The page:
Tossing A Die With A Choice

This week, a guy from Jane Street asked the following question:

  1. Suppose in Game 1, a dealer toss a fair die. The player receive money equal to whatever shows up on the die. (So, if a ‘4’ shows up, you receive $4). But in order to play this game, you must pay an “entry fee” first. What is the maximum amount of “entry fee” should you pay?
  2. Suppose in Game 2, we have the same rule (assume the entry fee is $3.5, which is the answer for a fair Game 1). But after every toss, you can observe the value on the die and have the choice to either:

a)     Receive the amount equal to whatever showed up on the die, which is the same as Game 1.

b)    Have a re-roll and receive whatever the new amount shows up on the die.

The question: is this option to have a re-roll more favourable game to play for the player?

The answer I immediately gave was: yes. This was just a pure reflex, because possessing more information “usually” improve the decision making process. Of course, this should be confirmed using probability, but I am reasonably comfortable with this intuition.

The argument using probability is very simple: If $3.5 is the entry fee, then anything less than $3.5 will be a “loss”. The probability of a “loss” is the sum of probabilities of getting a ‘1’, a ‘2’ and a ‘3’. P(win)=P(loss)=0.5, which is a fair game. Now, if we choose to have a re-roll whenever we encounter a ‘1’ or a ‘2’ or a ‘3’, then intuitively, we should maximise our probability of winning. Hence,

P(win)=P(win at first roll) + P(loss at the first roll)*P(win at second roll)

= 0.5  + 0.5 * 0.5

= 0.75

Which is what we should expect if we run a simulation in Mathematica.

When I started to program in Mathematica, I made several generalisations:

  1. Instead of using the strategy “re-roll if the die shows less than 3.5”, I produced a list, when the “cut-off value for a re-roll ranges from 1 to 6”.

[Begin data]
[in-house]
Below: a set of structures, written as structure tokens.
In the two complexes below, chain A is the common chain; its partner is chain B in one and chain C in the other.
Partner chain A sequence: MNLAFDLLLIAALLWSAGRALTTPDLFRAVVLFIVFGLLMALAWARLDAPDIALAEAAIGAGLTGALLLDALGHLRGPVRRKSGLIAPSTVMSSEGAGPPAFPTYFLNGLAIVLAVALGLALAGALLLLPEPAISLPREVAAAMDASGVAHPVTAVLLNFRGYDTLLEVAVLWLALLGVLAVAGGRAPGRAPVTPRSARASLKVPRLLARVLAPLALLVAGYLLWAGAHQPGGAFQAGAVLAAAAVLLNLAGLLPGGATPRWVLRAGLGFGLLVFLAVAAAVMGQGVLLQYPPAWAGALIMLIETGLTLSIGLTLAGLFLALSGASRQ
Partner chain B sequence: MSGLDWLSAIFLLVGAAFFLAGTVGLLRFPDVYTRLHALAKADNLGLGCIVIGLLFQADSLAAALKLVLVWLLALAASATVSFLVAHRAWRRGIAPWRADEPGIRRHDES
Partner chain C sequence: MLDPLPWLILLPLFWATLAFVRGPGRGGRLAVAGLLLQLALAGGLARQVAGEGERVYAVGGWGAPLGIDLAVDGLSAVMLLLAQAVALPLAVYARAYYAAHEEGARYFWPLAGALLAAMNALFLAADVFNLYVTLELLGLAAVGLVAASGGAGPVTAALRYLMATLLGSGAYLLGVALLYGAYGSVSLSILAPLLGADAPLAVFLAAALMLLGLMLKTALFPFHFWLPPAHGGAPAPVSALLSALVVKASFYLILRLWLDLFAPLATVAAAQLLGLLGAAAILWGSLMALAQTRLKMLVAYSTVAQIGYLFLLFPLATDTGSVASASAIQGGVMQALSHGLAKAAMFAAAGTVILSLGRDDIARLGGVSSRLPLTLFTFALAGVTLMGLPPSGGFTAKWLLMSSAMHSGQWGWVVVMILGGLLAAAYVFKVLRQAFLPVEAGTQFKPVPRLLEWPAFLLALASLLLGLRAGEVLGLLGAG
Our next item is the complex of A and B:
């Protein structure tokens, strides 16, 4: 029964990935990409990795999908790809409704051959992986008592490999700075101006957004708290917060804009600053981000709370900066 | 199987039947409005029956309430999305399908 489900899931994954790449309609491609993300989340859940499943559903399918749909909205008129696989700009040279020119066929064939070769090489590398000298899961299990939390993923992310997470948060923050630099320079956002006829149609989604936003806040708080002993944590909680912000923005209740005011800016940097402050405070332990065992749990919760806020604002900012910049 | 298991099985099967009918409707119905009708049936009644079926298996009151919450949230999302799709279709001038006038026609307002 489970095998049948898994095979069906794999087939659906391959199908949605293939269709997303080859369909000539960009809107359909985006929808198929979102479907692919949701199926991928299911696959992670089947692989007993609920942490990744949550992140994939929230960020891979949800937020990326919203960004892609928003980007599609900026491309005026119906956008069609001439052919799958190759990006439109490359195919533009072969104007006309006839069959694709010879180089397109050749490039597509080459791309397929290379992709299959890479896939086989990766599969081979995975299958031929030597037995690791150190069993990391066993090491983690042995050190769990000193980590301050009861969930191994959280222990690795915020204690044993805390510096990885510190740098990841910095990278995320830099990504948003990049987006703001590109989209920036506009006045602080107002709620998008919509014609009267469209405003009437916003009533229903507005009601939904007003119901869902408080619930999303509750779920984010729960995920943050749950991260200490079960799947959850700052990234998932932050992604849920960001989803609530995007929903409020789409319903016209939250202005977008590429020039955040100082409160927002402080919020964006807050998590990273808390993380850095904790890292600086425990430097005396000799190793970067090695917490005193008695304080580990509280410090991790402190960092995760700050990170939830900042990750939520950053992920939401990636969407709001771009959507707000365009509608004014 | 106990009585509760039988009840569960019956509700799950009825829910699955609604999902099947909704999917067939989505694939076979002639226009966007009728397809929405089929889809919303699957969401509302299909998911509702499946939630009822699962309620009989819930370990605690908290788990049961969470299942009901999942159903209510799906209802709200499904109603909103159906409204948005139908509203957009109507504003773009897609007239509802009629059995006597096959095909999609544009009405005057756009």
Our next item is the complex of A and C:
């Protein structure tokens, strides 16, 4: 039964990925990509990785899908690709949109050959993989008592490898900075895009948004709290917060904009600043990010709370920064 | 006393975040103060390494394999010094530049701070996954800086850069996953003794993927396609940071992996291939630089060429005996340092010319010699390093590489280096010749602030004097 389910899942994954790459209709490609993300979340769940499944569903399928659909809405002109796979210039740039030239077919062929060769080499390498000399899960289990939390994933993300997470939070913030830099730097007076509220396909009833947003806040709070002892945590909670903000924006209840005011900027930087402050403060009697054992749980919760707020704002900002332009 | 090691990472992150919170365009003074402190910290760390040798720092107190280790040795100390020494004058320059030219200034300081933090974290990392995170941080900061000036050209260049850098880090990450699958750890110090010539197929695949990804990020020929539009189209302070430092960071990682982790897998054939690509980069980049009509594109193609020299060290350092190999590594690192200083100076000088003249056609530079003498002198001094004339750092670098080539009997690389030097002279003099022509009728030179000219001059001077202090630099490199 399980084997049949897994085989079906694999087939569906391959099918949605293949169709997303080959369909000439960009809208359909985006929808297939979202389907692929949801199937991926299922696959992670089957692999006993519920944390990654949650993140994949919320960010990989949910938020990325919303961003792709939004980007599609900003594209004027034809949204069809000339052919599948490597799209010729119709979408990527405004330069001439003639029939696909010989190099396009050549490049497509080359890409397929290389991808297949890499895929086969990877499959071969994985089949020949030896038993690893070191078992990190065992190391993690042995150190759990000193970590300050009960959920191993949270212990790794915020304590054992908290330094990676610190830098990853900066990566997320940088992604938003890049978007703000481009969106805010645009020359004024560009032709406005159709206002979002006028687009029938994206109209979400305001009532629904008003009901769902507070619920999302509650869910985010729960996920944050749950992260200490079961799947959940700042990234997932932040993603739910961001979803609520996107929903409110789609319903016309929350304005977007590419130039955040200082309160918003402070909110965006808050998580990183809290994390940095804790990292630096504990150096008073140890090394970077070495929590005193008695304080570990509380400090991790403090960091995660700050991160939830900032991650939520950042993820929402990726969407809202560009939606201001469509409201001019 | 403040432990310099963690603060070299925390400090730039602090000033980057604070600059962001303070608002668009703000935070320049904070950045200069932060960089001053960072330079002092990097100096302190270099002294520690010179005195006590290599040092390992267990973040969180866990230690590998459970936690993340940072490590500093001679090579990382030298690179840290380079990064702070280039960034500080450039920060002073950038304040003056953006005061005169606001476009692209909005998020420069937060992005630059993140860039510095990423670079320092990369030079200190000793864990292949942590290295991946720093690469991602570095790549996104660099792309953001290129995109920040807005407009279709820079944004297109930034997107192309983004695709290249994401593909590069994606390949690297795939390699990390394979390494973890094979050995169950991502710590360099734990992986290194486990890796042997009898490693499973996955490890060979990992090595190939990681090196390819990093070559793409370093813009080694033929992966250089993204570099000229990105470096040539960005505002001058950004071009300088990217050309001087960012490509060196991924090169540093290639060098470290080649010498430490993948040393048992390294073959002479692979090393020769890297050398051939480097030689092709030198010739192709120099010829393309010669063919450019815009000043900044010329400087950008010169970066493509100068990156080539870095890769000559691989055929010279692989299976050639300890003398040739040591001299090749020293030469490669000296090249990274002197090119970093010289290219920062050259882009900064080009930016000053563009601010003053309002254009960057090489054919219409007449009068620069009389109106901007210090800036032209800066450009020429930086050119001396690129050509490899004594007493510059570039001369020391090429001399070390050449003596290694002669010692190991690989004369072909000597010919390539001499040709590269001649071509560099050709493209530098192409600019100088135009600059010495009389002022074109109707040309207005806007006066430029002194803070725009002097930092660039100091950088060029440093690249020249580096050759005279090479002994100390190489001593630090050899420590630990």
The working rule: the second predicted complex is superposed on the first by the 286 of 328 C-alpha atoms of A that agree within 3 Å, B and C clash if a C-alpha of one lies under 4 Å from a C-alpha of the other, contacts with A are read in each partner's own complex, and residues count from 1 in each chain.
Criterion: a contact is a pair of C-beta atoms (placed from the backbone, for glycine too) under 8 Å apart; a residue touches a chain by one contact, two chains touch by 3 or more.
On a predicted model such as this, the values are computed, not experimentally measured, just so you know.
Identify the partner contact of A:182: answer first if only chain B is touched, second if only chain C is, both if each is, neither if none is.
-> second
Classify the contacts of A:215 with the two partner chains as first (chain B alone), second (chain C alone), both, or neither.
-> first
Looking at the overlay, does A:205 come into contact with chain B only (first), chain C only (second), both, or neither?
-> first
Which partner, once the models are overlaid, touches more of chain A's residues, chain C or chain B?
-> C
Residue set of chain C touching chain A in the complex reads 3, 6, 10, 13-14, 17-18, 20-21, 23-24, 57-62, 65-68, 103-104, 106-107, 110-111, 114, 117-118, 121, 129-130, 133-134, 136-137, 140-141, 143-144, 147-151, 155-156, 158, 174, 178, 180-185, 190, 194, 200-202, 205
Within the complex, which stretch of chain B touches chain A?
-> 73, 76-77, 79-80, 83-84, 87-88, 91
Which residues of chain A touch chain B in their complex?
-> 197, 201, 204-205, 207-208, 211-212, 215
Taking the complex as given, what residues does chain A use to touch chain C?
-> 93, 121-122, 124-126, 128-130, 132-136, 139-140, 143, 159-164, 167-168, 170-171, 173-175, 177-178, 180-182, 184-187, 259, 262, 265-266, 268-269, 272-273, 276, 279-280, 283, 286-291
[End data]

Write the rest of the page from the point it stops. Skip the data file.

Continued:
2. Instead of “entry fee is 3.5”, I used Manipulate function to display the probability of making a profit in the game, if the entry fee ranges from 1 to 6.

I am still unfamiliar with a lot of functions in Mathematica, for instance, I am sure there is a more efficient way of counting than using Length[Select[….]].

nexp = 10000;
 rolls = RandomInteger[{1, 6}, nexp];
 nnoroll = Length[Select[rolls, # > 3.5 &]]
 f[i_, entry_] := (switch = RandomInteger[{1, 6}, nexp];
     switch[[k]] < i,
     switch[[k]] = RandomInteger[{1, 6}];
    , {k, 1, Length[switch]}
   Length[Select[switch, # > entry &]]/nexp)

 Manipulate[{ListPlot[Table[f[i, entry], {i, 1, 6}], Filling -> Axis, 
    DataRange -> {1, 6}, PlotRange -> {0, 1}], 
   Table[f[i, entry], {i, 1, 6}] // N}, {entry, 1, 6, 1}]

Leave a Reply

Fill in your details below or click an icon to log in: Logo

You are commenting using your account. Log Out / Change )

Twitter picture

You are commenting using your Twitter account. Log Out / Change )

Facebook photo

You are commenting using your Facebook account. Log Out / Change )

Google+ photo

You are commenting using your Google+ account. Log Out / Change )

Connecting to %s